Friday, May 29, 2015

Debunking Charlie

So a couple days ago I posted an article on the "Charlie Challenge," a method for allegedly summoning a spirit using two pencils that went viral. In my article, I noted that if it worked, it might be usable as system for spirit communication that did not involve the ideomotor response, which is what makes pendulums and planchettes seem to move on their own. Last night I did some experiments with the two-pencil method, and concluded that it doesn't work. At least, not in the way that I posited.

First off, I determined that the pencil generally won't spin in response to vibrations in the room. That was one of my initial thoughts about how and why the pencil might be moving. One of the videos, for example, shows a couple of kids sitting in a kitchen bouncing a basketball on the floor. But when I set the pencils up on my desk I found that I was able to hit the surface quite hard without making the pencil on top spin at all. The best I could do was a slight wobble without sliding the desk.

My next thought was to apply Qigong methods and see if I could make the pencils spin that way. I previously have had some success with an Egeley Wheel along those lines, which was designed based on the observation that Qigong masters seem to be able to affect the rotation of leaves suspended in water. I should note here that this isn't necessarily a supernatural effect, as Chinese researchers have measured infrasonic waves being emitted from the hands of Qigong practitioners. But like my vibration tests this was a bust as well, with no noticeable effect.

I finally happened upon what I believe to be the mechanism. Moving air at just the right angle will make the pencil spin dramatically. It's not obvious, though. If the angle is off you can blow as hard as you want and it won't move. Likewise, if the angle is right even a slight breeze will work, whereas if it's wrong even a strong breeze won't do anything. Air movement is obviously going to be a factor outdoors, but forced-air furnaces also produce moving air. In a home with such a system, if the pencils are placed in the right spot they will move when the fan comes on.

Otherwise, breathing at the right angle will do the trick as well. I can imagine a bunch of teenagers calling out to "Charlie" and scrutinizing the pencils closely. As soon as somebody gets excited enough to start breathing hard, sure enough, the pencil on top will spin. I will add, though, that as with a breeze the angle seems to be very important. Just blowing on the pencil doesn't do it unless your breath hits it just right. Furthermore, the angle at which it needs to strike is not what you would expect, and at that angle it can work from further away than you would normally think.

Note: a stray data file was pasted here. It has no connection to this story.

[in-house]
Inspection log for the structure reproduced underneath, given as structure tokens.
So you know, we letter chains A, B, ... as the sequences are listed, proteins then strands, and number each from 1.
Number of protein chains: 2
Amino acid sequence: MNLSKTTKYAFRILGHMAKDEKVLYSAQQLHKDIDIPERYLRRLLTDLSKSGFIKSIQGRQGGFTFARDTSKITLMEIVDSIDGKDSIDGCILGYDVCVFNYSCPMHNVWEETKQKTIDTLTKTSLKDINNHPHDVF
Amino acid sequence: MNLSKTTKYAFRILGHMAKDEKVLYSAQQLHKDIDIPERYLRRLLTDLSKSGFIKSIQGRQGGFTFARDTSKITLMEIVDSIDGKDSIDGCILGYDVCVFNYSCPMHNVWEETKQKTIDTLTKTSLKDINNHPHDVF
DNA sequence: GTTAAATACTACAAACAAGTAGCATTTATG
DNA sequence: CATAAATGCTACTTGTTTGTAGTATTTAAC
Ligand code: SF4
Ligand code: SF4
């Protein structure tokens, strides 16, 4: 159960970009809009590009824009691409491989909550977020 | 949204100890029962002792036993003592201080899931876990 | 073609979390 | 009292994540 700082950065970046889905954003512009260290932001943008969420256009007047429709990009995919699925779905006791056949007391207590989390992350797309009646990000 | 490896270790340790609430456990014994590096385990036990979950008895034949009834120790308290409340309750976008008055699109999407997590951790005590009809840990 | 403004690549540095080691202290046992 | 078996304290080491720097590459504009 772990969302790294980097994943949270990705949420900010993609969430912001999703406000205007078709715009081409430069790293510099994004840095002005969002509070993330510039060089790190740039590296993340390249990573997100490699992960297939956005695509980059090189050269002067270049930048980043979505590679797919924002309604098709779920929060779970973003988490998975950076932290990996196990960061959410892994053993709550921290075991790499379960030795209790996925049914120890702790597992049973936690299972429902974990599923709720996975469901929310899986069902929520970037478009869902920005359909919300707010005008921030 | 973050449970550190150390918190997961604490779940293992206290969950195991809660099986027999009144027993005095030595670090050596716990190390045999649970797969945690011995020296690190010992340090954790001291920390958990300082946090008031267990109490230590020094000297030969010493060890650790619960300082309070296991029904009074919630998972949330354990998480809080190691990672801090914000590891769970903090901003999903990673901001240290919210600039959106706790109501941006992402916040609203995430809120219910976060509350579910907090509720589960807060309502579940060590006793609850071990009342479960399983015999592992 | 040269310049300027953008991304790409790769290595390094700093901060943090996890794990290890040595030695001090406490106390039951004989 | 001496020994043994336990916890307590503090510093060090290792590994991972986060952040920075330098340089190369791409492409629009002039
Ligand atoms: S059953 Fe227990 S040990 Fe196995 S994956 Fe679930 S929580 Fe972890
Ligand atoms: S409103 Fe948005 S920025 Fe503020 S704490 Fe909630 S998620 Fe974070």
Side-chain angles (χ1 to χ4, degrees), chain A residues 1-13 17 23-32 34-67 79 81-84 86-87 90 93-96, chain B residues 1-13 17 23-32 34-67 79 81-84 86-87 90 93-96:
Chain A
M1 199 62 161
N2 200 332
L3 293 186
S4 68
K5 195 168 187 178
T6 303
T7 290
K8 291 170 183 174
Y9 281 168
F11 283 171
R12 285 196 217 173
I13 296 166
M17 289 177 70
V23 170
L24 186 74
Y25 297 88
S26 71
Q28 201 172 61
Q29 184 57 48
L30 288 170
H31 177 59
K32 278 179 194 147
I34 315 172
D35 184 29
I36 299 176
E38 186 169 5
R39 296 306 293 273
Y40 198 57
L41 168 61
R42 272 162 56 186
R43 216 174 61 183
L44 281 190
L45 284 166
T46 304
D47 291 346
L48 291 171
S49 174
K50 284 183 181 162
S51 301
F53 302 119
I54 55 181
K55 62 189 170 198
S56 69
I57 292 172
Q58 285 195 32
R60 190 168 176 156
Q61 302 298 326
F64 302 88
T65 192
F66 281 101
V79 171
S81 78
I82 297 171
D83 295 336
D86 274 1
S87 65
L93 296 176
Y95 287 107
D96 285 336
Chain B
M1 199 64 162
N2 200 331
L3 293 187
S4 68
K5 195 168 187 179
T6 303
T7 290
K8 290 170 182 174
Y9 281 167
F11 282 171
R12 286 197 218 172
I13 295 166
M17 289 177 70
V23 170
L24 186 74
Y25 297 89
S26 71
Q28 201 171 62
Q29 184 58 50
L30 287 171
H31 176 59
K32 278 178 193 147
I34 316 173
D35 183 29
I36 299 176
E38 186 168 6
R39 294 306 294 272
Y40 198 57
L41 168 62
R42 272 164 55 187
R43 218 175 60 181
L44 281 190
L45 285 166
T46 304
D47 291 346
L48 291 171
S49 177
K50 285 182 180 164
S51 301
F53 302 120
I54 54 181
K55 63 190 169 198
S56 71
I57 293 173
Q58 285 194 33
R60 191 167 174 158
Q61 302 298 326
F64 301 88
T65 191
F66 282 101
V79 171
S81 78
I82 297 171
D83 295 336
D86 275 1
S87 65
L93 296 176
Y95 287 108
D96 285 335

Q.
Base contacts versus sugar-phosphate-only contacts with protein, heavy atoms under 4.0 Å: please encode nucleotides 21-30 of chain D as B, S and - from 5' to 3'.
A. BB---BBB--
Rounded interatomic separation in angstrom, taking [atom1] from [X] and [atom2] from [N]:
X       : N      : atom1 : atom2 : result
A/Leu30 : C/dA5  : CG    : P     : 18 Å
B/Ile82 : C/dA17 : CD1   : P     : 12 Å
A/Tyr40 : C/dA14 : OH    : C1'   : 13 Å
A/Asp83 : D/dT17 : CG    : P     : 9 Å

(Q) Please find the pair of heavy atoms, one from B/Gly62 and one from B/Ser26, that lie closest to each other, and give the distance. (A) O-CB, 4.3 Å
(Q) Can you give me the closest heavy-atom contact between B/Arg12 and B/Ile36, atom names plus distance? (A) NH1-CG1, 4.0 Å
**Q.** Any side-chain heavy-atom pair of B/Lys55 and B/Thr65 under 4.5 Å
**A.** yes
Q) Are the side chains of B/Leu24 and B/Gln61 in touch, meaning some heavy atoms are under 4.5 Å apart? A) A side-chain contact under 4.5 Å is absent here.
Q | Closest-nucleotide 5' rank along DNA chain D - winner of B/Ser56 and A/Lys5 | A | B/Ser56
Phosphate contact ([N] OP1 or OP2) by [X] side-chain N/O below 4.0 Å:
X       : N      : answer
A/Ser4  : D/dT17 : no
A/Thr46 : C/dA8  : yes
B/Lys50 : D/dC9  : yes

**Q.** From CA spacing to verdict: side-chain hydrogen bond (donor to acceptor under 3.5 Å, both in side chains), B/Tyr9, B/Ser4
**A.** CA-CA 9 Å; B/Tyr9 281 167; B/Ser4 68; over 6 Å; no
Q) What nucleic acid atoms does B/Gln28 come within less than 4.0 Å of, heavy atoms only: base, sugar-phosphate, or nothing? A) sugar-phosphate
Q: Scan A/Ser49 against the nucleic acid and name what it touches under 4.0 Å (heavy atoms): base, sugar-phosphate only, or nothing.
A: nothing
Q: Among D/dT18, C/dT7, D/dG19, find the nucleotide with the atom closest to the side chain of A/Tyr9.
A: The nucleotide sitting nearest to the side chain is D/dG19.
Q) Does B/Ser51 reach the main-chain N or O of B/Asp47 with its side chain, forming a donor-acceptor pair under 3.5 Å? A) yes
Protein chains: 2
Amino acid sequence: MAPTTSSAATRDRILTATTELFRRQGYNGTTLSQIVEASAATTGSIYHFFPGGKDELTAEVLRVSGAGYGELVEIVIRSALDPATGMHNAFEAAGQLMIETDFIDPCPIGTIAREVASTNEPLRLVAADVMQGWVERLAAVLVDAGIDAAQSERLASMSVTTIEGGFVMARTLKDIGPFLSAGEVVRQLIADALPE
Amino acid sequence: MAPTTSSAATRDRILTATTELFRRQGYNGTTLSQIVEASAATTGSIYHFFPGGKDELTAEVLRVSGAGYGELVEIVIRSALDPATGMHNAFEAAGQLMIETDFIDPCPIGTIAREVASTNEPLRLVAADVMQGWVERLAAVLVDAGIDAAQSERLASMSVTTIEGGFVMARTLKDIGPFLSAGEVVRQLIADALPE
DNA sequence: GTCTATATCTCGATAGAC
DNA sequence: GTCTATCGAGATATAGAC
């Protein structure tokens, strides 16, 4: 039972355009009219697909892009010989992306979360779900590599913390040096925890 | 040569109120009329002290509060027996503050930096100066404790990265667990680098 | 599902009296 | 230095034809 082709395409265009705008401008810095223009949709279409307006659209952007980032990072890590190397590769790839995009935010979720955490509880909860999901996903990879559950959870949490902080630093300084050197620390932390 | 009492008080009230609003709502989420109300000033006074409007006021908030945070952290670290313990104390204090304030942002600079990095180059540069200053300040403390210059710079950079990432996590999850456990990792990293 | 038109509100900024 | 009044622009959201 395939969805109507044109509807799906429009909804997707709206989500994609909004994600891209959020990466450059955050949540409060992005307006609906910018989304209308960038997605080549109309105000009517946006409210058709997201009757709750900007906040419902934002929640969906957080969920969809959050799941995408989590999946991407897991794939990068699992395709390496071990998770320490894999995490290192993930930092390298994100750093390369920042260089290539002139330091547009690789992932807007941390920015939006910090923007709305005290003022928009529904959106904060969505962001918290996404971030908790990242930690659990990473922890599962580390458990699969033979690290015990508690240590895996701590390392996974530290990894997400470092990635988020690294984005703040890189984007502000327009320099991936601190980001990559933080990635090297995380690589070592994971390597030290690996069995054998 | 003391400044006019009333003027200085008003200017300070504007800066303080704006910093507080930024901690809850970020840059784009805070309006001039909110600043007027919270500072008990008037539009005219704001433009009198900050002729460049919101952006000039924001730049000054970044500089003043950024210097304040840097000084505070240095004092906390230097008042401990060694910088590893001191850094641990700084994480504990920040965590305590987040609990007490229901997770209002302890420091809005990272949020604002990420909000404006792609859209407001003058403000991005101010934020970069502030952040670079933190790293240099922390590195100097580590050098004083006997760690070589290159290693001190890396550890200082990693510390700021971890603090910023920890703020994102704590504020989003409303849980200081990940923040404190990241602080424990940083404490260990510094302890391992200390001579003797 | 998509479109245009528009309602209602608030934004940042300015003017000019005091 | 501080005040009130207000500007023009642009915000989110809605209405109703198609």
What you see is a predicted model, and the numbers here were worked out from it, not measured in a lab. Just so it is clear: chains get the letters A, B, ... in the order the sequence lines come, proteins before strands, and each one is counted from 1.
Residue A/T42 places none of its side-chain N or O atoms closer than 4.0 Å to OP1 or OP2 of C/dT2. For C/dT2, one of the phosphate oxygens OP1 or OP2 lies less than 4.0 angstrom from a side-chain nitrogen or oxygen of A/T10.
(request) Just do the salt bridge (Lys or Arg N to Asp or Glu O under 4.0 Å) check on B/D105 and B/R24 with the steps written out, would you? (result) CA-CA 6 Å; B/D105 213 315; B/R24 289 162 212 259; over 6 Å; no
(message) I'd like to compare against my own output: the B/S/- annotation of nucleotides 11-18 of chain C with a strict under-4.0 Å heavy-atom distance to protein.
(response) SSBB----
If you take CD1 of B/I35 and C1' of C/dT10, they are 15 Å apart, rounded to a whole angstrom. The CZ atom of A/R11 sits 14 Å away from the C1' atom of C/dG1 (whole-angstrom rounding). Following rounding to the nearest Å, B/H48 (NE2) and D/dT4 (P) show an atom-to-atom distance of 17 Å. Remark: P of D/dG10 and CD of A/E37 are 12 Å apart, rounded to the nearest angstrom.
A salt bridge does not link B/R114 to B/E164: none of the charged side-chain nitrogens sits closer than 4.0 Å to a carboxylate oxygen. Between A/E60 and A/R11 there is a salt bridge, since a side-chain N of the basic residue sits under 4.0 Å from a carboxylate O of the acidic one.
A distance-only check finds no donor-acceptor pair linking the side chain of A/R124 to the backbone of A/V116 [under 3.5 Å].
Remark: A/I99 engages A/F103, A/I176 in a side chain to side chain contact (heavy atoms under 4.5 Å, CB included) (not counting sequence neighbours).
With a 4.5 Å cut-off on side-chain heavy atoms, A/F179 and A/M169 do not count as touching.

The difference between how you would expect moving air to effect the pencil and how it really takes place probably explains the "supernatural" appearance of the method. The teenagers involved in this likely don't necessarily notice that they're breathing hard, and don't realize it when their breath hits the proper angle. So what this implies is that method probably won't work as a system for spirit communication - which is too bad, but at the same time I imagine that if it was usable some magician would have talked about it before now.

The apparent nature of this practice does highlight one of my problems with capital-S skeptics. Whenever they are confronted with something that looks paranormal, their first response is to accuse whoever is reporting it of lying or perpetrating an outright fraud. But, in fact, most experiences that people identify as paranormal are normal experiences that they misinterpret for various reasons. It's easy to dismiss accounts outright, but much more revealing to investigate them in a sincere manner.

I may still see about trying the pencil method in a formal ritual, but given the shifts I see on my EMF meter when spirits show up, my suspicion is that they won't be able to generate enough physical energy to produce noticeable movement. That's still just a working hypothesis, though, and if my tests turn out differently I'll be sure to keep you all posted.

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